Department of Interior

The Bureau of Land Management has issued draft proposals outlining the uses the federal government wants to allow in the Grand Staircase-Escalante and Bears Ears national monuments in southern Utah.

Supt. Vela describes the significance of the NPS badge to a 4th grade student from Donald Stalker Elementary before awarding a Jr. Ranger badge to her at the completion of an "Every Kid in a Park" visit, sponsored by Grand Teton Lodge Co. (May, 2015)
National Park Service

The superintendent of Grand Teton National Park is rumored to be President Trump’s nominee for the National Park Service (NPS). The position has been left unfilled for 18 months. David Vela has been with the NPS on and off for 37 years. He’s worked at several historic sites, coordinated operations in Texas, and oversaw the NPS southeast region, covering 66 parks.

A federal watchdog group is looking into U.S. Interior Secretary Ryan Zinke’s family land deal with an oil executive. But Zinke is calling the controversy fake news.

U.S Interior Secretary Ryan Zinke explained the abrupt departure of Yellowstone National Park Superintendent Dan Wenk on the radio show Montana Talks Wednesday. The incoming superintendent is military veteran Cameron Sholly.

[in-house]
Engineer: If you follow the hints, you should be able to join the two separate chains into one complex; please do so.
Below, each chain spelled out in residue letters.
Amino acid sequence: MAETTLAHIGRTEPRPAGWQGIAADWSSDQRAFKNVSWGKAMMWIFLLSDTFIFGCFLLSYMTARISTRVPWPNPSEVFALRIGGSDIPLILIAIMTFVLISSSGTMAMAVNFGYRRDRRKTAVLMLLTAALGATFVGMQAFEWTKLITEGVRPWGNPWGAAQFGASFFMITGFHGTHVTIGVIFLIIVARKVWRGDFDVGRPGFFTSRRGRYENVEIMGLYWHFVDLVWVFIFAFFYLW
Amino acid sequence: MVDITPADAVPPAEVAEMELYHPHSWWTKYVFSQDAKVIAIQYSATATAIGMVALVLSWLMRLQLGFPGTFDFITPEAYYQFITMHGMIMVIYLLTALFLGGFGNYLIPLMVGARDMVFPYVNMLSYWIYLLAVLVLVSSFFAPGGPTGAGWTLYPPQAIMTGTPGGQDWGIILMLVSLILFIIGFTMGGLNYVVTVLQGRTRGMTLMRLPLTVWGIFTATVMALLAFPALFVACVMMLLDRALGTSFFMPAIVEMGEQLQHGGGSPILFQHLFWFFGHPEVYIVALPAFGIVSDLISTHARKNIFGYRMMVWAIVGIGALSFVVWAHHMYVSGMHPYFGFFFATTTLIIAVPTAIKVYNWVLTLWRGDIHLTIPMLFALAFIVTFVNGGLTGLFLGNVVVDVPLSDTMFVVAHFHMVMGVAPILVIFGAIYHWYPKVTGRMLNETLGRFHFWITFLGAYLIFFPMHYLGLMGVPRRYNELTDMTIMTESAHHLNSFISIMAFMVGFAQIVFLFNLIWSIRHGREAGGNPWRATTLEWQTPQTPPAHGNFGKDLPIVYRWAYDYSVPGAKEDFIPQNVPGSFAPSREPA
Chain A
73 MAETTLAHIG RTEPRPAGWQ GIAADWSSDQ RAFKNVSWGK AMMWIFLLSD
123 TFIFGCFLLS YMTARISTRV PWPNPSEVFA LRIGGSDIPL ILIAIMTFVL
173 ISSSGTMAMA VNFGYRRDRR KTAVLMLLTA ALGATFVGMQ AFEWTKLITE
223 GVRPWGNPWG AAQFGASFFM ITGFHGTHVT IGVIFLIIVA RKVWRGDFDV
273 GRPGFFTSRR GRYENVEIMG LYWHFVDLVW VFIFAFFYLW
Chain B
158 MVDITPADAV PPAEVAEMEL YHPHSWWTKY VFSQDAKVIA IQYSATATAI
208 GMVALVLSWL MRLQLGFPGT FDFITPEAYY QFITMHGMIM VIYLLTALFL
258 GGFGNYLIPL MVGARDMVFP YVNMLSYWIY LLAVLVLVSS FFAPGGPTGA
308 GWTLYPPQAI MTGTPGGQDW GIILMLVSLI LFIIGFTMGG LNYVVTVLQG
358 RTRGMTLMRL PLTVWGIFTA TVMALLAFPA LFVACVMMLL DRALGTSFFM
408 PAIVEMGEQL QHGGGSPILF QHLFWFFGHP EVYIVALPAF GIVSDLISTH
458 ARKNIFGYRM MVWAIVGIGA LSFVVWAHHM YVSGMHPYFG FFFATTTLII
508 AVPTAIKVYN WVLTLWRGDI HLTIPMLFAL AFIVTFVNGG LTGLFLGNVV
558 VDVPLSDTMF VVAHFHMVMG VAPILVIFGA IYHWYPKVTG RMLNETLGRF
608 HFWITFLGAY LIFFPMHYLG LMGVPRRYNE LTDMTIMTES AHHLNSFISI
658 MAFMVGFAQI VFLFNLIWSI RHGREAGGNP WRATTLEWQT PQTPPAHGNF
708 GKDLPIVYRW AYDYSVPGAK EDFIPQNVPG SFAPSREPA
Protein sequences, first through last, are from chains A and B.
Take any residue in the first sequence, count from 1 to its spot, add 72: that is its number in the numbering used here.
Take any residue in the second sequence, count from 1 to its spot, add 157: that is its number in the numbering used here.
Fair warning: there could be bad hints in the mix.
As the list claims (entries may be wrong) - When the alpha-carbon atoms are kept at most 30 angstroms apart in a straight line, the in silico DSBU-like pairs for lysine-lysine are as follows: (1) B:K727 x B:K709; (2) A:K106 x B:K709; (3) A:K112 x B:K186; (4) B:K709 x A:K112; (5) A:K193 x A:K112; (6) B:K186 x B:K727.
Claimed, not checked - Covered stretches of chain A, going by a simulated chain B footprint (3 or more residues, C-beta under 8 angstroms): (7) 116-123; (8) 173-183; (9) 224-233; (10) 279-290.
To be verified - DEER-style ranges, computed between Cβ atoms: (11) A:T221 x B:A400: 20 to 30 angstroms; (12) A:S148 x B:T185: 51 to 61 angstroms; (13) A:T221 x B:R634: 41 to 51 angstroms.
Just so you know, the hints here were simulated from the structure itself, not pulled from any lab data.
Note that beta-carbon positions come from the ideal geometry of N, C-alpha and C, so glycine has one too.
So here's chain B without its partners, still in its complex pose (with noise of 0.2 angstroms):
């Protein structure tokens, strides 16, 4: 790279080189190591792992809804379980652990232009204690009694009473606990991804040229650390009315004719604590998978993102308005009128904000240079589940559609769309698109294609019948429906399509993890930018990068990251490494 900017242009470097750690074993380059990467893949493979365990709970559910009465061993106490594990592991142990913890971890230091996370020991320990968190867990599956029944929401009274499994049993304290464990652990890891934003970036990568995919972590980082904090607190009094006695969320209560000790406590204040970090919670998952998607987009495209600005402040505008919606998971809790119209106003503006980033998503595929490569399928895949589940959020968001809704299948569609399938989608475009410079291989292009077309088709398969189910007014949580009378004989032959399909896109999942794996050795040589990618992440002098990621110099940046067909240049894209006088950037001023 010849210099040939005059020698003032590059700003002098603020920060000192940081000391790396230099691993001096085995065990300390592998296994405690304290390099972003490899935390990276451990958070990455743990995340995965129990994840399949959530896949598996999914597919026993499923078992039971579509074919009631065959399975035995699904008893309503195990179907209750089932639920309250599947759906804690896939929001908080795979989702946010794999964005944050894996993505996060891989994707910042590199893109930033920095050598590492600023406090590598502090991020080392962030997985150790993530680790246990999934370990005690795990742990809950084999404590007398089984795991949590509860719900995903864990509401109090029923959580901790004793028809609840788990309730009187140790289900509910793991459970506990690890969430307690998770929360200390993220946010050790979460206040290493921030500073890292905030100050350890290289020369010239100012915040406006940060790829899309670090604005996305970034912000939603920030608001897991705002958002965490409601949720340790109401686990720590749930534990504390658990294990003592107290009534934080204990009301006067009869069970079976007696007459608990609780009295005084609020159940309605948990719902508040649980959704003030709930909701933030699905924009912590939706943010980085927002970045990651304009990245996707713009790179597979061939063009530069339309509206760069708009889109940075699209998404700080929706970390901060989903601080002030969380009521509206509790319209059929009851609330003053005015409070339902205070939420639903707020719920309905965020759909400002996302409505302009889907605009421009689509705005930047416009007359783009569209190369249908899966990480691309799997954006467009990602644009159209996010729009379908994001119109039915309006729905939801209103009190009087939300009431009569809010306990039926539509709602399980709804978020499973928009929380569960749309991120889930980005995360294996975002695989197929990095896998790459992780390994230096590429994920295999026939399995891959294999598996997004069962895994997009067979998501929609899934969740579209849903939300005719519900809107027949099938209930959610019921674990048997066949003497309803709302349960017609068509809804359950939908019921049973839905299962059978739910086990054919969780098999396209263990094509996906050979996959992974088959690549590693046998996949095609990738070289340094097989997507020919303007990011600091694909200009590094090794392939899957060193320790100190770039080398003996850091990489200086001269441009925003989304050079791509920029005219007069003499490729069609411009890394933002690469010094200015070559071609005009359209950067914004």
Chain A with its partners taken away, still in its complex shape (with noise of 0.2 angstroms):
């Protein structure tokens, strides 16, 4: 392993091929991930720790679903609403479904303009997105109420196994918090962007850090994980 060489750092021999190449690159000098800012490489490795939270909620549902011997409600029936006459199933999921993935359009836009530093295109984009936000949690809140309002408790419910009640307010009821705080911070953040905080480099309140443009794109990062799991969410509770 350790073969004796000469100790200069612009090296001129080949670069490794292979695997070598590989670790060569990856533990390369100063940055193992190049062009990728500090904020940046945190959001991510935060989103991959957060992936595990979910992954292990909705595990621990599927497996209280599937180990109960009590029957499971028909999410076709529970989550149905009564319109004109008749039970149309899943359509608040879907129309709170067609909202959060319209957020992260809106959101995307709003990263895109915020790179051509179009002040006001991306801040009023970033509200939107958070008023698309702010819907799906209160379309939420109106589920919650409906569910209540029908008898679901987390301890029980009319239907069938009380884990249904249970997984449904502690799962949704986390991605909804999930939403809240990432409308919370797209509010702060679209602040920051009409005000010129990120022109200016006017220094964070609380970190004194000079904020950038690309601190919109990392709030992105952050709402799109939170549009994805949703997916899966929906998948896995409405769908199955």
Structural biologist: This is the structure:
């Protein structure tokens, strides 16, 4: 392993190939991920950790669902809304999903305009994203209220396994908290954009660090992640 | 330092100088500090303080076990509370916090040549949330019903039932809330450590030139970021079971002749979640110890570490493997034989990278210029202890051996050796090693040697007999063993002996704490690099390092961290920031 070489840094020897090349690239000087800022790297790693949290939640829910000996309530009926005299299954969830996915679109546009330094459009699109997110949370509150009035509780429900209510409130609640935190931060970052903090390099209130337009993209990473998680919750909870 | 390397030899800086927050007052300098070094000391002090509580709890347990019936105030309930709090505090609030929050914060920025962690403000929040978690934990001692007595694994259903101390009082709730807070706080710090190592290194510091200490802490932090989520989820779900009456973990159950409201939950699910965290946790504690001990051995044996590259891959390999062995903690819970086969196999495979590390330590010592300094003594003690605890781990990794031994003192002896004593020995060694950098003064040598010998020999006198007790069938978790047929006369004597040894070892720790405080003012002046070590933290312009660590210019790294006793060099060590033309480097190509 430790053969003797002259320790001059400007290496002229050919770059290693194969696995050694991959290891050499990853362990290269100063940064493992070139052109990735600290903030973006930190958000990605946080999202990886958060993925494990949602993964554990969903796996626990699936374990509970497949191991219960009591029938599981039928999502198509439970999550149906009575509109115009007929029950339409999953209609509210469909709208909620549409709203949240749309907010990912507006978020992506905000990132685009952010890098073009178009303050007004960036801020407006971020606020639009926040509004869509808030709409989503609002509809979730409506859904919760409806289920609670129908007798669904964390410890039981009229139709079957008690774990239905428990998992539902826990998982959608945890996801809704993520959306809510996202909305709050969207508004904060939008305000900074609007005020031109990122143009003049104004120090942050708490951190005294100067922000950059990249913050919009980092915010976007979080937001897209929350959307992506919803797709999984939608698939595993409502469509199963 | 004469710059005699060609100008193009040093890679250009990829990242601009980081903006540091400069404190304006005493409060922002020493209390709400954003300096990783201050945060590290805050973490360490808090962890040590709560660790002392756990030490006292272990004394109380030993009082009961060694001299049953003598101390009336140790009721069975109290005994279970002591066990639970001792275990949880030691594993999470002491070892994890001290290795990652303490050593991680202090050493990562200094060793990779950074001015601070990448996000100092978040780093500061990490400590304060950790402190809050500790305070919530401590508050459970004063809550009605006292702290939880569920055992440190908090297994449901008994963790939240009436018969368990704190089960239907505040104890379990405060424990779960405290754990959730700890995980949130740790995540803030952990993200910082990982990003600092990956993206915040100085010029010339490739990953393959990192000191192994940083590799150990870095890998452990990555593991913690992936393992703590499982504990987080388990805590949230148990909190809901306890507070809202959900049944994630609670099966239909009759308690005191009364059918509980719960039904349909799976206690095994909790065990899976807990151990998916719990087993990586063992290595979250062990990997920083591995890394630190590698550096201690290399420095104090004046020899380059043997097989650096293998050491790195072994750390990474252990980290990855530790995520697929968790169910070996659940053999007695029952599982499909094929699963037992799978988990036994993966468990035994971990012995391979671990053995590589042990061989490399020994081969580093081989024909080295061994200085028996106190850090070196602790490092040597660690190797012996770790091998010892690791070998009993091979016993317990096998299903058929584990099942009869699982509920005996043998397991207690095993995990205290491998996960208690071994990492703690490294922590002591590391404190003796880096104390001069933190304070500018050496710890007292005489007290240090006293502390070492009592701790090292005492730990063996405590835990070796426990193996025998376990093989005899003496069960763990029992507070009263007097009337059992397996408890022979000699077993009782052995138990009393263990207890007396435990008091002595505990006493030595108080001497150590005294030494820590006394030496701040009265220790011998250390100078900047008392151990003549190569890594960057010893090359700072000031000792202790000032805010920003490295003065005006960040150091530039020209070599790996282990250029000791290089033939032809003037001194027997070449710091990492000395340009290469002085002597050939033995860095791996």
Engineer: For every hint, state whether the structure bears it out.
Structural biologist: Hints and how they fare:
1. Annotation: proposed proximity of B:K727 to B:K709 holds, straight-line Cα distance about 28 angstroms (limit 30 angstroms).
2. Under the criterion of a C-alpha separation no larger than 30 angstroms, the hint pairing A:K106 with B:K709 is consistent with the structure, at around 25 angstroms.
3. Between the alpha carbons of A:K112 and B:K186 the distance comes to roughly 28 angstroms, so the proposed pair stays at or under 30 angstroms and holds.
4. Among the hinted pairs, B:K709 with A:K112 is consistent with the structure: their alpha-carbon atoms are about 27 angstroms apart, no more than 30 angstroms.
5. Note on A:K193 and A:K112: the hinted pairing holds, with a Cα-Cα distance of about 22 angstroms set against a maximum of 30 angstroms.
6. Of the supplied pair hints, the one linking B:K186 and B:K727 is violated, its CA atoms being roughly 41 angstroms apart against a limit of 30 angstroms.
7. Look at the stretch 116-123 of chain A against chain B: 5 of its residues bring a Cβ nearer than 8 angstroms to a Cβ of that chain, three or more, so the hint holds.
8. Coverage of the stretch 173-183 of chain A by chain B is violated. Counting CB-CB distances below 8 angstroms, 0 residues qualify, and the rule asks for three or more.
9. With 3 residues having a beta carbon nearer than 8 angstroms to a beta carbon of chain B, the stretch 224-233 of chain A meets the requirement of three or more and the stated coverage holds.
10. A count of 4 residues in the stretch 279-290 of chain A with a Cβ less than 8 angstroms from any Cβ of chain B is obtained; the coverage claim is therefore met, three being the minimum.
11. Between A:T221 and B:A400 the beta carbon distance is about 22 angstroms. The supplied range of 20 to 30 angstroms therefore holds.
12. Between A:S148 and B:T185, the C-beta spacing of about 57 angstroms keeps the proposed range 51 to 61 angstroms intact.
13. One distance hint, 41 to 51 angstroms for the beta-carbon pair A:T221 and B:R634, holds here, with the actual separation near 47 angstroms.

No Review Of Federal Coal Leasing Program, Following Court Case
Western Organization of Resource Councils

The U.S. Court of Appeals for the District of Columbia Circuit decided not to reassess the federal coal leasing program in a decision this week. 

Ranking U.S. House Democrats are calling for an ethics investigation into Interior Secretary Ryan Zinke. They want to know more about a land deal between Zinke’s family foundation and a real estate project with ties to the oil and gas giant Halliburton.


A federal watchdog group said the U.S. Interior Department didn’t give an adequate reason for cancelling a study on the health impacts of coal mining last year.

A lot of people may not have heard of the Land and Water Conservation Fund, or that it’s in jeopardy.

NPS photo by Neal Herbert

The Trump administration is forcing the head of Yellowstone National Park out of his job. Dan Wenk said the National Park Service will replace him with a new superintendent this August.

The head of Yellowstone National Park says he plans to retire next March, ending a more than four decade run with the National Park Service. The surprise announcement came after speculation he was being reassigned for political reasons.

When you hear about companies like REI or Patagonia, you might think about tents, rain jackets or hikers in puffy coats on a mountaintop. But how about politics? These outdoorsy companies are part of a new wave of business advocates fighting for public lands.


The Interior Department wants to open up a quarter-million acres at national wildlife refuges for hunting and fishing.

The move would impact 21 states. In our region, it would expand hunting at a refuge in Utah  and another in Montana. It would also open Montana’s Swan River refuge to big game hunting for the first time.

The National Park Service has released a report on how sea level rise could impact its sites. The publication was delayed by about a year, and as we’ve reported, there were concerns over possible censorship in earlier drafts.